FOR THE LAST 18 months, criminal court judges in four Maryland jurisdictions--Baltimore City, Prince George's, Montgomery and Harford counties--have been participating in an experiment to establish more uniform and rational sentencing procedures. The need for such a program, long clear to judges and court-watchers, was emphasized at a recent meeting of the state judiciary in Baltimore. At that session, judges were presented with an actual pre-sentence report of a man convicted of armed robbery, and their recommended sentences ranged from probation to 20 years in prison. This kind of disparity is not only unjust but is also incomprehensible to the public. A committee of judges, with the help of an initial federal grant, set out to improve sentencing procedures, and devised this still experimental project.
Judges in each of the four jurisdictions were given a sentencing guidelines manual setting out a range of penalties for every crime. The guidelines were based on actual practice in each jurisdiction. Judges were then asked to impose sentences within these ranges or to explain why they chose not to do so. The project has succeeded in assisting judges in this most difficult task, and also in articulating a reason for each sentence and in promoting equity in sentencing while preserving some judicial discretion.
Here's how the guidelines system works: offenses are divided into seven categories according to the seriousness of the crime. First-degree murder and rape, for example, are offenses in category one; robbery with a deadly weapon is in category three, and passing a bad check for less than $300 is in category seven. Using a work sheet, the judge assigns a specific number of points according to the category of the crime. In the case of an offense against the person, points are added if a weapon was used, if the victim was injured or if the victim was under 10, over 60 or handicapped. The total of these points is the offense score. On the other side of the work sheet, an offender score is compiled that reflects the offender's prior record of convictions and parole or probation violations.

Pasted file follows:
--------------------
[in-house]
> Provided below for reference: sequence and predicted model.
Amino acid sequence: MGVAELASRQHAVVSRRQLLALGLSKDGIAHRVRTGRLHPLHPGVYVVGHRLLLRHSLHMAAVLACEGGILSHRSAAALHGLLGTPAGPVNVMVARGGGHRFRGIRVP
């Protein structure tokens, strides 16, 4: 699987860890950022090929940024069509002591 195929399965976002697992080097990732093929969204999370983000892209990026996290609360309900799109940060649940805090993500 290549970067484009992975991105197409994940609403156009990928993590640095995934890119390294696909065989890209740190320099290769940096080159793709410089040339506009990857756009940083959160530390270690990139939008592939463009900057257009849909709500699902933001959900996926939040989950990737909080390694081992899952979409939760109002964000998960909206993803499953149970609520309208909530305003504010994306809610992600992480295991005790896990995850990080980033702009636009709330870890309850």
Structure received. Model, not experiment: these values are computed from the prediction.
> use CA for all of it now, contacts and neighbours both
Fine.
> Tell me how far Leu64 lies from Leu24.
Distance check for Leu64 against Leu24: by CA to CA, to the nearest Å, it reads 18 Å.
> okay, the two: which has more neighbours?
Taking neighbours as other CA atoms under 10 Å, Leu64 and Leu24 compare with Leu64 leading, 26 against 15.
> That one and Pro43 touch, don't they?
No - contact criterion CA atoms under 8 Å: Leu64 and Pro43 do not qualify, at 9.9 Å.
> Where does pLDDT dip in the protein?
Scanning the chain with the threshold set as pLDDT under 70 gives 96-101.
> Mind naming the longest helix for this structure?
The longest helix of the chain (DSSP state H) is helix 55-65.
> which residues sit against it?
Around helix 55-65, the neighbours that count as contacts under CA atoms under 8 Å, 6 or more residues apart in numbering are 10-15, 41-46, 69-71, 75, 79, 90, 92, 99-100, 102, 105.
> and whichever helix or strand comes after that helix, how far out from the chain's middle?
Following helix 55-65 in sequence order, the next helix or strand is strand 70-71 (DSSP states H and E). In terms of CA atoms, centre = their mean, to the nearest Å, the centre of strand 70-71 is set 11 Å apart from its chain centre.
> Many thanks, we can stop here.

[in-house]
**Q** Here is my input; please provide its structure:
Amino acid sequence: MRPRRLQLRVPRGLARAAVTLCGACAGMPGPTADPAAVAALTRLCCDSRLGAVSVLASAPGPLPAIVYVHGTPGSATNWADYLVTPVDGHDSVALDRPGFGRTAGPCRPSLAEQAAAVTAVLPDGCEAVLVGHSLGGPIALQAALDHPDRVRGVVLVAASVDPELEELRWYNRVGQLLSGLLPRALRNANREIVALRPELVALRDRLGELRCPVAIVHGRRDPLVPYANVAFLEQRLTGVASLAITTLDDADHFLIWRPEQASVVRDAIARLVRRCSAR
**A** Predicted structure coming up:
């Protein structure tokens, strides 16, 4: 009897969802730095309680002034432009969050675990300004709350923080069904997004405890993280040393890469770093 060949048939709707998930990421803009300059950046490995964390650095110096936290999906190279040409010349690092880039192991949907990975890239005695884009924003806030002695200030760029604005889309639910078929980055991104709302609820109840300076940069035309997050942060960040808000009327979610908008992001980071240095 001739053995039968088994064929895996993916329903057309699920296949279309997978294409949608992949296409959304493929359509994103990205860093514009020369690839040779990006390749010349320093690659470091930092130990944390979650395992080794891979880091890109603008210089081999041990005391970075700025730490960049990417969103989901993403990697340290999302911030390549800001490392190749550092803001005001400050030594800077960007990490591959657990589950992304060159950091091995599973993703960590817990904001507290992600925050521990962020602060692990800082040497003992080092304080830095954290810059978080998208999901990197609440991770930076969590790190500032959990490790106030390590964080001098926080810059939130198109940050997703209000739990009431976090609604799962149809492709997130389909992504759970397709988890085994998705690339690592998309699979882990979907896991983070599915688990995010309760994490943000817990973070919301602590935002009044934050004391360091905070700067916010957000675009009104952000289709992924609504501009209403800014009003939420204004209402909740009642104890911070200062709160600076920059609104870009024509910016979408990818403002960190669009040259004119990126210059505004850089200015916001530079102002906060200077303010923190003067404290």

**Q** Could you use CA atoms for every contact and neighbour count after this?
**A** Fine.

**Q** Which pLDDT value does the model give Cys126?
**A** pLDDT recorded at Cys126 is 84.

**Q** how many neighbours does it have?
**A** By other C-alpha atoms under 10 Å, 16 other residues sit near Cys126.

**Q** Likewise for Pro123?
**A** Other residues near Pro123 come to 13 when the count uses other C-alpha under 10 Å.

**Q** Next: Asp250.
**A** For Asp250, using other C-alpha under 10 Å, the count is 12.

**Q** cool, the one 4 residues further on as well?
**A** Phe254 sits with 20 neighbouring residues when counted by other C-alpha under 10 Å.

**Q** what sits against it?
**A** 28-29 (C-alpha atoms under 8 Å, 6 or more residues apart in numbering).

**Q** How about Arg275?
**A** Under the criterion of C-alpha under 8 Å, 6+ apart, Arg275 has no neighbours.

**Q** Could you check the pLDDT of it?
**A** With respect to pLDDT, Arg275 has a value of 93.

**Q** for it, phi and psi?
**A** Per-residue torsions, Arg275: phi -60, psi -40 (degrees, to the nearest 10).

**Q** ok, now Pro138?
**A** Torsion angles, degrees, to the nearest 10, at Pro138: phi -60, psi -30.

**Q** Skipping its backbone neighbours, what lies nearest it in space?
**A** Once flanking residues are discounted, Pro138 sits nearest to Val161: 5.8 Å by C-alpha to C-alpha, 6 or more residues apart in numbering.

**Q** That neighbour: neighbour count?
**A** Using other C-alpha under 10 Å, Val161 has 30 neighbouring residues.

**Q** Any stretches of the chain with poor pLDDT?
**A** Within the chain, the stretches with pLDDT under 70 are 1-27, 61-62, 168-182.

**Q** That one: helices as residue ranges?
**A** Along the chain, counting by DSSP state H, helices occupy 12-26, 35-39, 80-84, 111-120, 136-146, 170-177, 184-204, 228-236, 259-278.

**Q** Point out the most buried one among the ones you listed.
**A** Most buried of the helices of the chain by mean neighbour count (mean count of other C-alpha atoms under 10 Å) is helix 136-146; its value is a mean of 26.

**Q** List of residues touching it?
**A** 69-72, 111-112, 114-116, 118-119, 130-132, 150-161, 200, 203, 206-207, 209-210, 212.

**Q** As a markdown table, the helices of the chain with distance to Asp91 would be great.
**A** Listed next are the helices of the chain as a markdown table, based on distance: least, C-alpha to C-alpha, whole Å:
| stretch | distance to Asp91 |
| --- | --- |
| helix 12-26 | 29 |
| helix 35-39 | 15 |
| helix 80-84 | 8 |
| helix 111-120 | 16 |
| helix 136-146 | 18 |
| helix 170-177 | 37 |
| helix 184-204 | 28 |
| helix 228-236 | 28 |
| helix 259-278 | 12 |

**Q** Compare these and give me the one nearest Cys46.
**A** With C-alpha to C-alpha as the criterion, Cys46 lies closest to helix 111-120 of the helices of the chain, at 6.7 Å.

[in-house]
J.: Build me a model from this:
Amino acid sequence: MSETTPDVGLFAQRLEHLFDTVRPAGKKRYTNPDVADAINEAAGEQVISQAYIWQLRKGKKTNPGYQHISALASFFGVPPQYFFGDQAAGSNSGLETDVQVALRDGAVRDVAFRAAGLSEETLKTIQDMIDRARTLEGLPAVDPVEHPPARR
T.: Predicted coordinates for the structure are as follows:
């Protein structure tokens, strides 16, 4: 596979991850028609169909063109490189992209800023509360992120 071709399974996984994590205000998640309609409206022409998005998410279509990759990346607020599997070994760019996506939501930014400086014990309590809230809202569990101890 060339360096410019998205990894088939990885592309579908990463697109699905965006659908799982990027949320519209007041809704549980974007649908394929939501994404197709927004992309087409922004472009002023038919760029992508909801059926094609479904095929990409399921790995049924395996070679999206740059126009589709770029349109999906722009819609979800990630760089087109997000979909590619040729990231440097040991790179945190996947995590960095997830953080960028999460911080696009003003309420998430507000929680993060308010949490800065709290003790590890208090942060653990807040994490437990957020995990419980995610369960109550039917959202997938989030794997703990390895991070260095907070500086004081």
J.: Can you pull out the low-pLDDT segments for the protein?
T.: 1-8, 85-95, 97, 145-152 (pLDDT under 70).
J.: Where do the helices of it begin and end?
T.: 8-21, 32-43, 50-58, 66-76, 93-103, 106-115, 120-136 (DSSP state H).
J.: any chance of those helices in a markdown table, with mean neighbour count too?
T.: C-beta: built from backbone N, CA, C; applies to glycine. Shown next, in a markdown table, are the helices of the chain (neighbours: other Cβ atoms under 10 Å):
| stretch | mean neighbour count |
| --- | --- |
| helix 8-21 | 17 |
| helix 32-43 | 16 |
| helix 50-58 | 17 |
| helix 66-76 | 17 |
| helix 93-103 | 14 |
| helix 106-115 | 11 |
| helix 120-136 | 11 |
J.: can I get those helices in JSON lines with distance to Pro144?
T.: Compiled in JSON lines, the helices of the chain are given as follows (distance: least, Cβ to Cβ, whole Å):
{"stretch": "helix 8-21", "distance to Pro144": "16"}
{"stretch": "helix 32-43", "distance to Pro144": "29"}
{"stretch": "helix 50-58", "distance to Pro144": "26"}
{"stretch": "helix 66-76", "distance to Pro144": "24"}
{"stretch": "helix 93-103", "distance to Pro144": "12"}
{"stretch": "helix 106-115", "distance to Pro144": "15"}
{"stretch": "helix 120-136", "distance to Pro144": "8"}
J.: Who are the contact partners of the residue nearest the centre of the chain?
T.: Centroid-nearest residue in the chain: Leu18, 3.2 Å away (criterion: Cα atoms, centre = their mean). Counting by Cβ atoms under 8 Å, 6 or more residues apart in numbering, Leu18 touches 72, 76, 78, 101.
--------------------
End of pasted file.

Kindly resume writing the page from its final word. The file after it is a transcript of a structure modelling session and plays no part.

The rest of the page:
The judge then simply consults a chart to find an appropriate sentence. For example, a person convicted of armed robbery where the victim was 62 years old but uninjured would have eight points for the offense. If he was on probation at the time and had three prior convictions for serious crime, he would have four offender points. The combination of eight offense points and four offender points produces a recommended sentence of eight to 15 years. The use of these weighted factors to determine sentences provides both judges and the public with a rationale for the penalty and gives the offender an objective explanation for his sentence. Judges are free to sentence above or below the guidelines, but written explanations must be provided.
Maryland judges will decide this spring whether to adopt the sentence guidelines statewide, but this can only be done if the legislature approves a request for $160,000 to implement the program. It would be money well spent, not only because guidelines in fact make sentencing more objective and thus more equitable, but because they provide the public with a standard, an explanation for variations in penalties. If members of the legislature want to improve the administration of justice in the state and increase public understanding and support for the criminal justice system, they will authorize this expenditure and encourage the state- wide adoption of this system.